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Costa Coffee criticised avocados. Millennials declared war.

An advert telling viewers to sack off avocados for a bacon sarnie was banned for dissing fruit and veg.

What it means: Alongside its coffee, Costa Coffee sells breakfast bacon and egg rolls. It recently decided that a fun way to promote its brekkie items was to play on the “frustration and unpredictability of the avocado” (yes, that’s a direct quote, and no, we also did not know it was a thing) by telling radio listeners that they should choose Costa’s brekkie rolls over avocados because avocados go off. (As adverts go, this one probably wasn’t in much danger of giving the John Lewis Christmas special a run for its money.)

That got it in trouble with listeners, and then the regulatory Advertising Standards Authority, because by implying that fresh fruit was a bad breakfast choice, Costa was “condon[ing] or encourag[ing] bad nutritional habits”. The advert was banned.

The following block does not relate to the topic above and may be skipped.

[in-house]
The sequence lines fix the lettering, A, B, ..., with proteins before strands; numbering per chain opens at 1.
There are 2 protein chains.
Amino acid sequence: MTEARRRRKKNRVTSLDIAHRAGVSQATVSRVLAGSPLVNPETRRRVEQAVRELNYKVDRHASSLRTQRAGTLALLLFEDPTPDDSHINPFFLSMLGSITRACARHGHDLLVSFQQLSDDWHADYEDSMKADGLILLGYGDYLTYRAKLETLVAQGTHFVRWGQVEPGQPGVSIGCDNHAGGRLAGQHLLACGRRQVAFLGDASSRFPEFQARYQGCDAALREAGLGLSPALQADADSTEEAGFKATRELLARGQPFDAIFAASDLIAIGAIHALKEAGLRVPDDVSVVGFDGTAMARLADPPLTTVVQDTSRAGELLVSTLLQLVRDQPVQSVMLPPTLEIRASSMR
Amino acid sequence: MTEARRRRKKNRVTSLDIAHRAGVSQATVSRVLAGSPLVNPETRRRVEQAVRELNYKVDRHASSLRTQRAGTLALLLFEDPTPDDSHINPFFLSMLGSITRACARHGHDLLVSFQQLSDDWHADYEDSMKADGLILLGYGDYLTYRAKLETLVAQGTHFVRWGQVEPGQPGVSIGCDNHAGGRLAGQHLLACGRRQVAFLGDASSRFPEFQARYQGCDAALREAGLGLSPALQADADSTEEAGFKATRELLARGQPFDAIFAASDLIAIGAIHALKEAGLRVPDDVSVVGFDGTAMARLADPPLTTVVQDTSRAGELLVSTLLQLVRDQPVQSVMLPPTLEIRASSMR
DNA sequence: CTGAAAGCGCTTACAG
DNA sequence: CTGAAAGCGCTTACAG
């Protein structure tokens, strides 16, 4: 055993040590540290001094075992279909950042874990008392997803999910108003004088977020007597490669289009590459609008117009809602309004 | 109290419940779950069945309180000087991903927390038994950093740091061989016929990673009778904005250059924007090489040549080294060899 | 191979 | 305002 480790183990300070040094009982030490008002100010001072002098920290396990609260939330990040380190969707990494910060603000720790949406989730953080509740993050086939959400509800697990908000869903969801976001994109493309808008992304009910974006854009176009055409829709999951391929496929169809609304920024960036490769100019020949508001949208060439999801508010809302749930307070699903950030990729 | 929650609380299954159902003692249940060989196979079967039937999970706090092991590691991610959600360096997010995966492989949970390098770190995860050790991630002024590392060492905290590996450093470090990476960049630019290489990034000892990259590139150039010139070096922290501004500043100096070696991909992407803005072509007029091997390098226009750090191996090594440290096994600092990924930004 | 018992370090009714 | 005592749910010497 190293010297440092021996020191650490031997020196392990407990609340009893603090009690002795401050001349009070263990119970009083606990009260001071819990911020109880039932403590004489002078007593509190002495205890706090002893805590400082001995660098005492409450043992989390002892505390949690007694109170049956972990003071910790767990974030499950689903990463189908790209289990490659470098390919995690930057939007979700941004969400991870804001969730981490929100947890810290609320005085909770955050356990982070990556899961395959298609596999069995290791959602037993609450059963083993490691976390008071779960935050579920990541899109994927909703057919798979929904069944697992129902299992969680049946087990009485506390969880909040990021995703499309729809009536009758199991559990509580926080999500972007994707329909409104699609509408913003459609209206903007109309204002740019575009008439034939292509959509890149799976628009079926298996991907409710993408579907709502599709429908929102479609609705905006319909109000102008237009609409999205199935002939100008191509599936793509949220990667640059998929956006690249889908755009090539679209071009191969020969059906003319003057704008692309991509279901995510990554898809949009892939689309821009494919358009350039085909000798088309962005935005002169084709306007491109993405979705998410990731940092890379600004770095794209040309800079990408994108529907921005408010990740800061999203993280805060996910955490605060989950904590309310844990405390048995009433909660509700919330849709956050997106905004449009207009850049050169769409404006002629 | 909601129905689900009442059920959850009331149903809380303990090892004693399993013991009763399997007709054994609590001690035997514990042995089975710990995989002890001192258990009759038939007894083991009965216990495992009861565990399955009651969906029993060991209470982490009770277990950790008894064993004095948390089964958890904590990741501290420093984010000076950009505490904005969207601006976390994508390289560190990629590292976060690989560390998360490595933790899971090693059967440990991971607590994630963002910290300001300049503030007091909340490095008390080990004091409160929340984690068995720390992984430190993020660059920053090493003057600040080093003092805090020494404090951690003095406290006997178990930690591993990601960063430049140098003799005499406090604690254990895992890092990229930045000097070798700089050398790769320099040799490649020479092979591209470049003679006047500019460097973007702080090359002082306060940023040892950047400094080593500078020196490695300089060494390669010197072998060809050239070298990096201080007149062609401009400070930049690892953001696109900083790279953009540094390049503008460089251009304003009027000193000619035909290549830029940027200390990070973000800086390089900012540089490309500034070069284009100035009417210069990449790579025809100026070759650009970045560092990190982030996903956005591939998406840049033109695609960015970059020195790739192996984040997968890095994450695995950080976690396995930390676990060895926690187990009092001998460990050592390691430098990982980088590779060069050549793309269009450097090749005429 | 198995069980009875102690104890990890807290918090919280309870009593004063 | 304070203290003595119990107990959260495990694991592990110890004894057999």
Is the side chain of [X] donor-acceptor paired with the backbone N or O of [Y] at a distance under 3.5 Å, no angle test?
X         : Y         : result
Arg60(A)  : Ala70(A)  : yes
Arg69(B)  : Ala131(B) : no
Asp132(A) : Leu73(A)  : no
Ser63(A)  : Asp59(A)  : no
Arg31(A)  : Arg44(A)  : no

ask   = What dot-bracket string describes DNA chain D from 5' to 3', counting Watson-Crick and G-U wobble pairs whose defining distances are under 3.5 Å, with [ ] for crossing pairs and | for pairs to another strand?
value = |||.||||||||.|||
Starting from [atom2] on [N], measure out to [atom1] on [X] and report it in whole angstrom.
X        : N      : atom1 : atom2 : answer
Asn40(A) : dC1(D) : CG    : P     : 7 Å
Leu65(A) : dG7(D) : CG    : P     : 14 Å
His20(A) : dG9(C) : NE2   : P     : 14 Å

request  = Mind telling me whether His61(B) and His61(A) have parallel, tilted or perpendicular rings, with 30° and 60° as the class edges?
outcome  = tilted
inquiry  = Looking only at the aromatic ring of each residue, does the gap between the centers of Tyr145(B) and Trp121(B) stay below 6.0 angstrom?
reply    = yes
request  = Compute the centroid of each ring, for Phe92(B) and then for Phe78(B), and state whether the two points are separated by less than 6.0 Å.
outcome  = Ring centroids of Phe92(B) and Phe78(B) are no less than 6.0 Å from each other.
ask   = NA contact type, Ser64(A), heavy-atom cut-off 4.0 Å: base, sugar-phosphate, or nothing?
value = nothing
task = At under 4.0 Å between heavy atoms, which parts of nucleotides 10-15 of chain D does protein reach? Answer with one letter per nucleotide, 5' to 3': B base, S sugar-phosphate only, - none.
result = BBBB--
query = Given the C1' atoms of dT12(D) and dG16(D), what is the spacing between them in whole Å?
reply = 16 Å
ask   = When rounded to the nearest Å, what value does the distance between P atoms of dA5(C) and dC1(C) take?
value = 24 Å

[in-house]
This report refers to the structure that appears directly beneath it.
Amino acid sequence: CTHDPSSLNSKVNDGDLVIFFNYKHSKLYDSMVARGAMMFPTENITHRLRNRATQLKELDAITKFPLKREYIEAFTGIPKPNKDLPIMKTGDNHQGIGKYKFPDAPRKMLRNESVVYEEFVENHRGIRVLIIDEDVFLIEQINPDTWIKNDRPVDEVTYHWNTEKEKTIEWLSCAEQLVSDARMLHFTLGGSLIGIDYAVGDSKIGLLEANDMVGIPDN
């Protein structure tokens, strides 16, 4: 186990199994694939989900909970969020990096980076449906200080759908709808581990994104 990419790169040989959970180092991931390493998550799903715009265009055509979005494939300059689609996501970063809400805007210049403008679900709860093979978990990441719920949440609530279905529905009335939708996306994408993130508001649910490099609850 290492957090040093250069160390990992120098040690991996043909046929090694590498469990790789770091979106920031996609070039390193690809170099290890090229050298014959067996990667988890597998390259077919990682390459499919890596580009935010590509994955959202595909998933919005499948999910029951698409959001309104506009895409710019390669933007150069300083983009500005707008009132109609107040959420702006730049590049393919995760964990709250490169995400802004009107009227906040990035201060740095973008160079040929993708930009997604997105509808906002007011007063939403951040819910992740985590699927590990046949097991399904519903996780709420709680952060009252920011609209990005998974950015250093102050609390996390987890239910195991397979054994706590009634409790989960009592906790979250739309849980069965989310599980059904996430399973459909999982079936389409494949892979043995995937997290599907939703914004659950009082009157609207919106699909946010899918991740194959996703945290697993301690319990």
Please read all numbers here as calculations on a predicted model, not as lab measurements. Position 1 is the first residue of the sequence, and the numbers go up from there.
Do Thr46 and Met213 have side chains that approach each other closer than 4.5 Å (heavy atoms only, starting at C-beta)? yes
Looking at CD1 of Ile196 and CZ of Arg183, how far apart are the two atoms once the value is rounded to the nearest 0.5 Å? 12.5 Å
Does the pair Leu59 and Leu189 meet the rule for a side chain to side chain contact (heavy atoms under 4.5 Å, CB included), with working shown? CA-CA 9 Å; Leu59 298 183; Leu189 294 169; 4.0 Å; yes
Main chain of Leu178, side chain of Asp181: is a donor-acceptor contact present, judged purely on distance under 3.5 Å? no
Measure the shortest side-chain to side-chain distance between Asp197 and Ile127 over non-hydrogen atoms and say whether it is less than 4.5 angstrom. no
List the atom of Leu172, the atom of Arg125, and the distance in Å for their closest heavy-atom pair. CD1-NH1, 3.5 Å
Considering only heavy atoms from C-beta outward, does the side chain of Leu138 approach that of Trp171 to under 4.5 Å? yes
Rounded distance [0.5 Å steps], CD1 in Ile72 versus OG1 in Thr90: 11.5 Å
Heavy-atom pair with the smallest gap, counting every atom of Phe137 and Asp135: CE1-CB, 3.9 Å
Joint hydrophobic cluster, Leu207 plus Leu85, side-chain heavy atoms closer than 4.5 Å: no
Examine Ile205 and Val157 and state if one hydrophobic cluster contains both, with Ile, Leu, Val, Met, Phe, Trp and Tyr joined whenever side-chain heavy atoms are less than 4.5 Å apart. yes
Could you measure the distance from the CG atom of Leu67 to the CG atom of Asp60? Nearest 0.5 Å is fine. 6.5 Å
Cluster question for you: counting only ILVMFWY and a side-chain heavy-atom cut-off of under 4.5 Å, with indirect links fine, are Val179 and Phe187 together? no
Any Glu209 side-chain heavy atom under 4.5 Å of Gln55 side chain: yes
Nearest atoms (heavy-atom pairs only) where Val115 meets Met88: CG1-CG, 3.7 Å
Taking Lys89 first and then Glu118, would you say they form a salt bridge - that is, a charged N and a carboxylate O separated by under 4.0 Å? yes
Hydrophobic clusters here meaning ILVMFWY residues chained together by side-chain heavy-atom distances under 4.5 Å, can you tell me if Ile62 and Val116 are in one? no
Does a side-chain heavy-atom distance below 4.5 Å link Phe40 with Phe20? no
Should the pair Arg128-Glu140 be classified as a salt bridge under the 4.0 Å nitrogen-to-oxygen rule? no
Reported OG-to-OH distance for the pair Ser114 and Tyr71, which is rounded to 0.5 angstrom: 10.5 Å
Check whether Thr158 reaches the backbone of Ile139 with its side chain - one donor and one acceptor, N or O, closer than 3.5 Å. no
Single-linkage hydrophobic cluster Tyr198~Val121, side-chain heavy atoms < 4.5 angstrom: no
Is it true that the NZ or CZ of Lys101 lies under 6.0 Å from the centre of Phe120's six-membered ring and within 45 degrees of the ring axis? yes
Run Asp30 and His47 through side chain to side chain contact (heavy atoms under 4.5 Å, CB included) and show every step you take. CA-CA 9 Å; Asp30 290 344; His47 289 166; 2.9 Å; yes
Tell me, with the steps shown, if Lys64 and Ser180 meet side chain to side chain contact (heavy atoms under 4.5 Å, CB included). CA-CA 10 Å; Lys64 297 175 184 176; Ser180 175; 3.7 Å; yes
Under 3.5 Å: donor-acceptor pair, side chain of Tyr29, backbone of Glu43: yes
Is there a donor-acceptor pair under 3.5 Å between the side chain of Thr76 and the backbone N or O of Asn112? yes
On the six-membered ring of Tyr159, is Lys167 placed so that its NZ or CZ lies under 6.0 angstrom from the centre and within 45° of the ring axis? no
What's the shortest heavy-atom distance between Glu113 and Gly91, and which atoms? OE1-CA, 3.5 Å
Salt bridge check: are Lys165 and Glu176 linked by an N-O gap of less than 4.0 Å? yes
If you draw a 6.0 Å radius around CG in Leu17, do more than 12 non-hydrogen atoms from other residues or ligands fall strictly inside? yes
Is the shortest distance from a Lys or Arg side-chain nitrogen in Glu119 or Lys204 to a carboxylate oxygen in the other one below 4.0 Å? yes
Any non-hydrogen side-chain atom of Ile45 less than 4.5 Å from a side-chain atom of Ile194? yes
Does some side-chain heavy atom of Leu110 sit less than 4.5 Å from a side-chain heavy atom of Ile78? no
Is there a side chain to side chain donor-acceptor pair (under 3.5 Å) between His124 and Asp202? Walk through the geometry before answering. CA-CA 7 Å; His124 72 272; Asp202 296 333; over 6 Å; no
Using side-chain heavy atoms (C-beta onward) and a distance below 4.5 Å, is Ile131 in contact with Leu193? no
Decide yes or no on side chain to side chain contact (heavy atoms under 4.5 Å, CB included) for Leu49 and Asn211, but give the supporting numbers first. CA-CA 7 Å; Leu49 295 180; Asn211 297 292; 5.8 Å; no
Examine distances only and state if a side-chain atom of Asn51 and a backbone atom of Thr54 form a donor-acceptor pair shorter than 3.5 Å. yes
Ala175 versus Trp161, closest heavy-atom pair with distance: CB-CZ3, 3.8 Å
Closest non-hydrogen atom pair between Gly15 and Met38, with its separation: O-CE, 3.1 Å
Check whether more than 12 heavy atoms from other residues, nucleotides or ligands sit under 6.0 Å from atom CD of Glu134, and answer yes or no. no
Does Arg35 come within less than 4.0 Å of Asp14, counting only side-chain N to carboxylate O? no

This might sound like a silly story, but it actually highlights a debate at the beating heart of economics (honest, we didn’t just want to talk about avocados). Some economists would say that banning the advert was unnecessary and/or wrong because of something called ‘rational choice theory’, which basically means we’re all smart enough to choose whatever breakfast will make us happiest by expertly calculating the trade off between long-term health (eat the avocado) and short-term pleasure (eat the bacon).  

You might think that sounds like precisely nobody that you know, but this idea has actually been super prominent in economics for a very long time and a lot of the economic decisions we make as a society are based on it. Ofc it’s been criticised, so a lot of economists are now talking about humans having ‘bounded rationality’, which is where we try to make smart choices but usually don’t know enough to do so. That means we can be tricked into making choices against our own interests by things like an advertisement telling us not to pick the healthier brekkie.

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